This section directly follows the heading and basic information. Your spreadsheet is where you itemize each part of the job, outline the timeline and estimate costs. This table often uses columns and rows to make it easier to read and interpret. Here's the information you can include when creating a thorough project spreadsheet:


Rows run horizontally across a spreadsheet. Here are the things that you can represent in rows on your spreadsheet:

  • Item number

  • Description of work item

  • Estimated cost or scheduled value

  • Construction dates

  • Percentage completion

  • Retainer or deposit

  • First payment

  • Final balance due


Columns are vertical and intersect with the rows across a spreadsheet. The items represented in each column correspond to the title of each row. For example, if the construction job you're planning has seven itemized components, then you can include seven unique item serial numbers in each cell within that column. In addition, try to make sure there are seven dollar amounts listed in the cells below the row representing the scheduled value.

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3. Include a consent and acknowledgment

Consent and acknowledgment is the last section of your schedule of values form. This includes spaces for the client, the architect and the contractor to print and sign their names. It also includes a space for each party to write the date of their acknowledgment. You can get signatures in person or use a secure e-signature platform.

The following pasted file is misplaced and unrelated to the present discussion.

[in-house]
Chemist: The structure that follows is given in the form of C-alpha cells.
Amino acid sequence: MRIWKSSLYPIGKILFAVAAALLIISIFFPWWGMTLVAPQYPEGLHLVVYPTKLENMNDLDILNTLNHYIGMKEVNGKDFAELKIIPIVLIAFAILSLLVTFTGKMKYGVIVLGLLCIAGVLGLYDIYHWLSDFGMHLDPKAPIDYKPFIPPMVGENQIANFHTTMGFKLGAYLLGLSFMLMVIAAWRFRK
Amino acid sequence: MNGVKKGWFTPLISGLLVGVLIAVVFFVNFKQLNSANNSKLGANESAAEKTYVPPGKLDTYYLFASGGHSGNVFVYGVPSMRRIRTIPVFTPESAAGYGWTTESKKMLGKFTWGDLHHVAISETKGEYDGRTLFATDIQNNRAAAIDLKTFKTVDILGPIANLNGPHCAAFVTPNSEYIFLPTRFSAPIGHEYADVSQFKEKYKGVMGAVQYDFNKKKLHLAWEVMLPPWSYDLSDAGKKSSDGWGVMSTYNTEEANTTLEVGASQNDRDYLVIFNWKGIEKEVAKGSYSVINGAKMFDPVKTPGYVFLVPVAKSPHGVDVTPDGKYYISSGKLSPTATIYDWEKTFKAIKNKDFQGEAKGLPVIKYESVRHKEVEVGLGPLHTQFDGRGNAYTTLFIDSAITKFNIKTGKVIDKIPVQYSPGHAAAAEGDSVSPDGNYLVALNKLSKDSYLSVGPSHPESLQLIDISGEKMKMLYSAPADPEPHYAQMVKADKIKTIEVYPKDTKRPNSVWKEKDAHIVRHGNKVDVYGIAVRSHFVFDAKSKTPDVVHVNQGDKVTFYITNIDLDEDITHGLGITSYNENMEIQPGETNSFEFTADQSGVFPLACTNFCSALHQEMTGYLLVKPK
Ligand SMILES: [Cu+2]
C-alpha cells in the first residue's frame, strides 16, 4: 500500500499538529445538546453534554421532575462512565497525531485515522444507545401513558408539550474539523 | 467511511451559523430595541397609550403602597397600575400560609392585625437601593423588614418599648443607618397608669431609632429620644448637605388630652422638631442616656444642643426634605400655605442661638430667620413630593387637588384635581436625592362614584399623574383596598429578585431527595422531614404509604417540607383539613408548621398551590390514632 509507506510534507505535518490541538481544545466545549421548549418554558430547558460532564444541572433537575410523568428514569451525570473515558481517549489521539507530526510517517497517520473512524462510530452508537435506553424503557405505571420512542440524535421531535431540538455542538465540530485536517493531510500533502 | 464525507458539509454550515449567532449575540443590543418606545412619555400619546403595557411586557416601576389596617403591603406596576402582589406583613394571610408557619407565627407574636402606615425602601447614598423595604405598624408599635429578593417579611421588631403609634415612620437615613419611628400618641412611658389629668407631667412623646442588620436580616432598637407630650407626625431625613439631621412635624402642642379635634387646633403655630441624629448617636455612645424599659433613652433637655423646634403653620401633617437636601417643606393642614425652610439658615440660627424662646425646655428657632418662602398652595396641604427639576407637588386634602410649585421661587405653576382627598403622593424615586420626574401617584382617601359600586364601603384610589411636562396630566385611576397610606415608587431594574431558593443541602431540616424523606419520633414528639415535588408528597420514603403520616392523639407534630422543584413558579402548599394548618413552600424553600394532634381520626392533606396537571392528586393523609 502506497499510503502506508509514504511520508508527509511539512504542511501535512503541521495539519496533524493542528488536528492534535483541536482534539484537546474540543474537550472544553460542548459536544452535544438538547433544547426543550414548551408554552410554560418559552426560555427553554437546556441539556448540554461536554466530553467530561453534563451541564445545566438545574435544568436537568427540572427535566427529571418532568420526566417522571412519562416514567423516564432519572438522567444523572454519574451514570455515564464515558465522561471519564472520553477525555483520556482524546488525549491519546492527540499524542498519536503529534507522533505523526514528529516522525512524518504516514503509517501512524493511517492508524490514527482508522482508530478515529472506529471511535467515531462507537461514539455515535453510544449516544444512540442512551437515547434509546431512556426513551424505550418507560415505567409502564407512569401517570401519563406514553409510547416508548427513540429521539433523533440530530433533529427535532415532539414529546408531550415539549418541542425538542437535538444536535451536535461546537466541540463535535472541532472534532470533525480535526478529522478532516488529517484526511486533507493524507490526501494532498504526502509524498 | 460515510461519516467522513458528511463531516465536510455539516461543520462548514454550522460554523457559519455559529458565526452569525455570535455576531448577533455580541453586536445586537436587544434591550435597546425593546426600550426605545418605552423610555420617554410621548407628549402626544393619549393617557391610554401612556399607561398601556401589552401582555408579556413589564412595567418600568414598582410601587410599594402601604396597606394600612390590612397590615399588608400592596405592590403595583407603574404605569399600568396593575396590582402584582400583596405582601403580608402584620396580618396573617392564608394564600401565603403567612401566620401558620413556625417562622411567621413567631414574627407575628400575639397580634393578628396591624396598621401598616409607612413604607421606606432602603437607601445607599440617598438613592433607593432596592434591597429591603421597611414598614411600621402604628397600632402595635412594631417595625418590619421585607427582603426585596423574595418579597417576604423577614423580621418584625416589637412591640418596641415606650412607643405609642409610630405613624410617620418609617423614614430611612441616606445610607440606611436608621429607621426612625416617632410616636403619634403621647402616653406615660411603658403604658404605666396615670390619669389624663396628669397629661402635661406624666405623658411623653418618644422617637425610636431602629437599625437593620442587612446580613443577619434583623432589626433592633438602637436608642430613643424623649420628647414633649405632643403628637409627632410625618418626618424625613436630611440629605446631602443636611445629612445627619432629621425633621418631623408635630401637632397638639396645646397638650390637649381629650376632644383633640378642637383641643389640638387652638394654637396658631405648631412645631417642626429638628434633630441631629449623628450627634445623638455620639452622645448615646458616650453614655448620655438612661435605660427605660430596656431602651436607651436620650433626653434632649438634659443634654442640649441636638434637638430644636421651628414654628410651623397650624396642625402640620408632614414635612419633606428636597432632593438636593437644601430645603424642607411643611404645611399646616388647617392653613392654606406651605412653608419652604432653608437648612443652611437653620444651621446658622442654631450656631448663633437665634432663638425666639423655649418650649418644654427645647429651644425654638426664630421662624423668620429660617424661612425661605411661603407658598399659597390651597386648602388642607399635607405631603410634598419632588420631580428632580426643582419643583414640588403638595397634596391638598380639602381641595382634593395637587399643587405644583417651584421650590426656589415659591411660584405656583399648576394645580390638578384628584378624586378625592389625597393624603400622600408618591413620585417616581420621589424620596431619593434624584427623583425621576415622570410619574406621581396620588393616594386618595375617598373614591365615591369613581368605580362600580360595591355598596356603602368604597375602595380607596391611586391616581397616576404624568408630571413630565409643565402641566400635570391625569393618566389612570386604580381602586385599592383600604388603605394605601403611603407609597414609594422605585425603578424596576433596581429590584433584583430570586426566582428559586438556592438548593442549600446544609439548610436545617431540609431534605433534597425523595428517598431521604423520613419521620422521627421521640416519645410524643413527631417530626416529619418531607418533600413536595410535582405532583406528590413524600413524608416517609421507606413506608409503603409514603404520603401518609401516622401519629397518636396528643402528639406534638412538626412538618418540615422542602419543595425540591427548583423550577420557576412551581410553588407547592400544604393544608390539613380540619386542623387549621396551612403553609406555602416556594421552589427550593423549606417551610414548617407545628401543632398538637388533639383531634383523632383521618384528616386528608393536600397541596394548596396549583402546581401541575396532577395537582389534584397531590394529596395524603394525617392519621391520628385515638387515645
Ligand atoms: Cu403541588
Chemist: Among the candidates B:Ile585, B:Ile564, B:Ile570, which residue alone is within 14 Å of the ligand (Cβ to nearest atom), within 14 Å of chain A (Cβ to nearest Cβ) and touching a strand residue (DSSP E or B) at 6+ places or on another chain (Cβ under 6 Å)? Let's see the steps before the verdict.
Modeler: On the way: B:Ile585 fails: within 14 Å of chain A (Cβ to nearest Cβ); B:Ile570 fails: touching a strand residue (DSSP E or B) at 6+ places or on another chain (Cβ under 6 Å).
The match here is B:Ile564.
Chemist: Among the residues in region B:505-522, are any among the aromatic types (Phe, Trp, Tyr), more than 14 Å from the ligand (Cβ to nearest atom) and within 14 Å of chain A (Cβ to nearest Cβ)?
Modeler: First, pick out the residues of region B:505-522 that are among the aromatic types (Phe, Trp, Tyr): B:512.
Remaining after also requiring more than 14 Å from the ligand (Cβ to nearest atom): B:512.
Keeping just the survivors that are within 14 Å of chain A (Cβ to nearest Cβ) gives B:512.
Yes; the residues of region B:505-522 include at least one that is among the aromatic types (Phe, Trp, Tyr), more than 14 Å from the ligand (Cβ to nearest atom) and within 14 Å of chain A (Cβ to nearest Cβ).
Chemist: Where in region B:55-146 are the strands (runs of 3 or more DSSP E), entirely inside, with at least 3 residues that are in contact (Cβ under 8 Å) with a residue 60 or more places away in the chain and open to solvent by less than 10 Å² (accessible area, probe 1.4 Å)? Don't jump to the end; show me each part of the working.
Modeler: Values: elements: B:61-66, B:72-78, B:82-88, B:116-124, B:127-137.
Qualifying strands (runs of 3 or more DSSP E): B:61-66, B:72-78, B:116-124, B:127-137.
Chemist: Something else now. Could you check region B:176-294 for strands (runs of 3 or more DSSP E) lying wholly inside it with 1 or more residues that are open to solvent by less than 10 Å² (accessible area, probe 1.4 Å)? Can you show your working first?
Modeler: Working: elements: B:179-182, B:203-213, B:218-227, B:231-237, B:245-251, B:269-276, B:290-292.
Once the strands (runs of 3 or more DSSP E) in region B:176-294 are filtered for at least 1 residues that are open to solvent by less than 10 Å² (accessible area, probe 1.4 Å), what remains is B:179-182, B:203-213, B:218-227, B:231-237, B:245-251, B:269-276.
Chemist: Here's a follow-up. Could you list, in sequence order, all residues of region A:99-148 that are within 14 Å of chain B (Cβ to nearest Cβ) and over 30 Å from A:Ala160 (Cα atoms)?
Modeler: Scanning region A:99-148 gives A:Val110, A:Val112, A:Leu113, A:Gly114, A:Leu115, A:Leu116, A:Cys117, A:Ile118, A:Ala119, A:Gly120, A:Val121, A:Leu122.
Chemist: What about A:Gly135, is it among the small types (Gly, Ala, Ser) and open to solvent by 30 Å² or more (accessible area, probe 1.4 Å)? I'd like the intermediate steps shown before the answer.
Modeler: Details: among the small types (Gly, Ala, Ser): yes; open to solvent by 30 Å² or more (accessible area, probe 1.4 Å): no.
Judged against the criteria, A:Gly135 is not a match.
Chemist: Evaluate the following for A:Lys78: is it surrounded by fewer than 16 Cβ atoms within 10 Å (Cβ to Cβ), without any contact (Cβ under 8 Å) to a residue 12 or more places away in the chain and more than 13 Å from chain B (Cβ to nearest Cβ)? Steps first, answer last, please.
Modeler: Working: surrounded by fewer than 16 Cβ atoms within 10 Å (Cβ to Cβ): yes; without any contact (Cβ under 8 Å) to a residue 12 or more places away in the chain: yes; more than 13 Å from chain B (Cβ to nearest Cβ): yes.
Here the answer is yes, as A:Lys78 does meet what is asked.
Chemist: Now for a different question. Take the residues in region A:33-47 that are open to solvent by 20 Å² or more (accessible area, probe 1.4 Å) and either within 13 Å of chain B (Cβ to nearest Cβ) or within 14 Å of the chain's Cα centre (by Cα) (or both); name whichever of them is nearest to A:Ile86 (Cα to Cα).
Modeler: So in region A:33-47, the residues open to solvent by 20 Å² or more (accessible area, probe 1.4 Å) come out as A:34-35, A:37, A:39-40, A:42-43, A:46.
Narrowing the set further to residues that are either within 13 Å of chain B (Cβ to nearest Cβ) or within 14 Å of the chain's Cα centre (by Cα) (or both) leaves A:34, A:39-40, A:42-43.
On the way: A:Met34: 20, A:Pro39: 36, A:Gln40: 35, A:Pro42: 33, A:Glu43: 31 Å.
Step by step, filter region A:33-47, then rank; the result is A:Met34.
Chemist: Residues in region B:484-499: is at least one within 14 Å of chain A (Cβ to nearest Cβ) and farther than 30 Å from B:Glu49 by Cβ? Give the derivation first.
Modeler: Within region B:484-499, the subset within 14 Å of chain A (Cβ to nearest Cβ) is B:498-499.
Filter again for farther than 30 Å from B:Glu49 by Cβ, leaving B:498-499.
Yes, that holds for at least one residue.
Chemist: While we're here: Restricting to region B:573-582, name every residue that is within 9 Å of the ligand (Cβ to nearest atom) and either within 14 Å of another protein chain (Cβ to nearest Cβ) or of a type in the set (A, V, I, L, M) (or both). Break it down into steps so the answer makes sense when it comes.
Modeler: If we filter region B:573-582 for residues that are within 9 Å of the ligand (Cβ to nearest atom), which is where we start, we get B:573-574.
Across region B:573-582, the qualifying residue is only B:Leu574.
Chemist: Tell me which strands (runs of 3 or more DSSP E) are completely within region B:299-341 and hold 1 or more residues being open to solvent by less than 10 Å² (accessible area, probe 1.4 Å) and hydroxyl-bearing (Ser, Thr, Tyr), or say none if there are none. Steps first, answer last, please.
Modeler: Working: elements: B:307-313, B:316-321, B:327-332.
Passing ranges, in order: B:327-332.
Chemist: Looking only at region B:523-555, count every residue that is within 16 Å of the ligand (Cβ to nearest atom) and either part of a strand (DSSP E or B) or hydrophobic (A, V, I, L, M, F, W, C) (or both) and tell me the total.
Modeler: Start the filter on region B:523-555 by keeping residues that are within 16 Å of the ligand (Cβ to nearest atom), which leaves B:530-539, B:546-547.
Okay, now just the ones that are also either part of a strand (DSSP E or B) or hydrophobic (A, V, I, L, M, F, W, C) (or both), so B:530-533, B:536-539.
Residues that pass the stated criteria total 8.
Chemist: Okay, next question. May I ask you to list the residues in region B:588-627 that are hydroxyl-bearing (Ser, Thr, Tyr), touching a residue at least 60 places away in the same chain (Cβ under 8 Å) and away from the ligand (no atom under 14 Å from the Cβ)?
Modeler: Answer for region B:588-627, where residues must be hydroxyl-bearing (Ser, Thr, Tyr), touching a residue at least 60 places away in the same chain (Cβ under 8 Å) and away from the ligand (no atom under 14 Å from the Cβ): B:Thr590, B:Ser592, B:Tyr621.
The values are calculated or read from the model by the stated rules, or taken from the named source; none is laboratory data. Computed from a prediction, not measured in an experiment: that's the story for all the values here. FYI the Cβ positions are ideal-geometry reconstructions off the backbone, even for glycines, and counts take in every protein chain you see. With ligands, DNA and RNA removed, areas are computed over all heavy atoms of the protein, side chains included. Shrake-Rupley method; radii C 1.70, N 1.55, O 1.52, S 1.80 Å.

Related: How To Define Project Scope in 7 Steps (Plus Key Elements)

Frequently asked questions about a schedule of values

Here are some common questions about designing, editing and using a schedule of values for contracting jobs:

Can I use a schedule of values for GMP contracts?

You can use a schedule of values form for contracts with a guaranteed maximum price (GMP.) A thorough schedule of values is a valuable management tool that can create order, encourage accountability and increase client trust. Using this form offers transparency and can apply to jobs with a fixed price or a guaranteed maximum price.

Related: What Is a GMP Contract and What Are Its Major Benefits?

Can I change the price for items if I am using a schedule of values computer software program?

You can change the price for individual items. For auditing purposes, most software programs require an approved budget transfer process to make this type of change. After approving the budget, you can set a new standard price in the program for all of your future invoices.

Related: 13 Project Management Tips To Help You Succeed

When can I give the client the schedule of values?

You can give the client a copy of the schedule of values as soon as you get approval from an architect. You can present it to the client at the same time as the contract. Try to make sure the client reviews and signs these items before you start any work to avoid misunderstandings.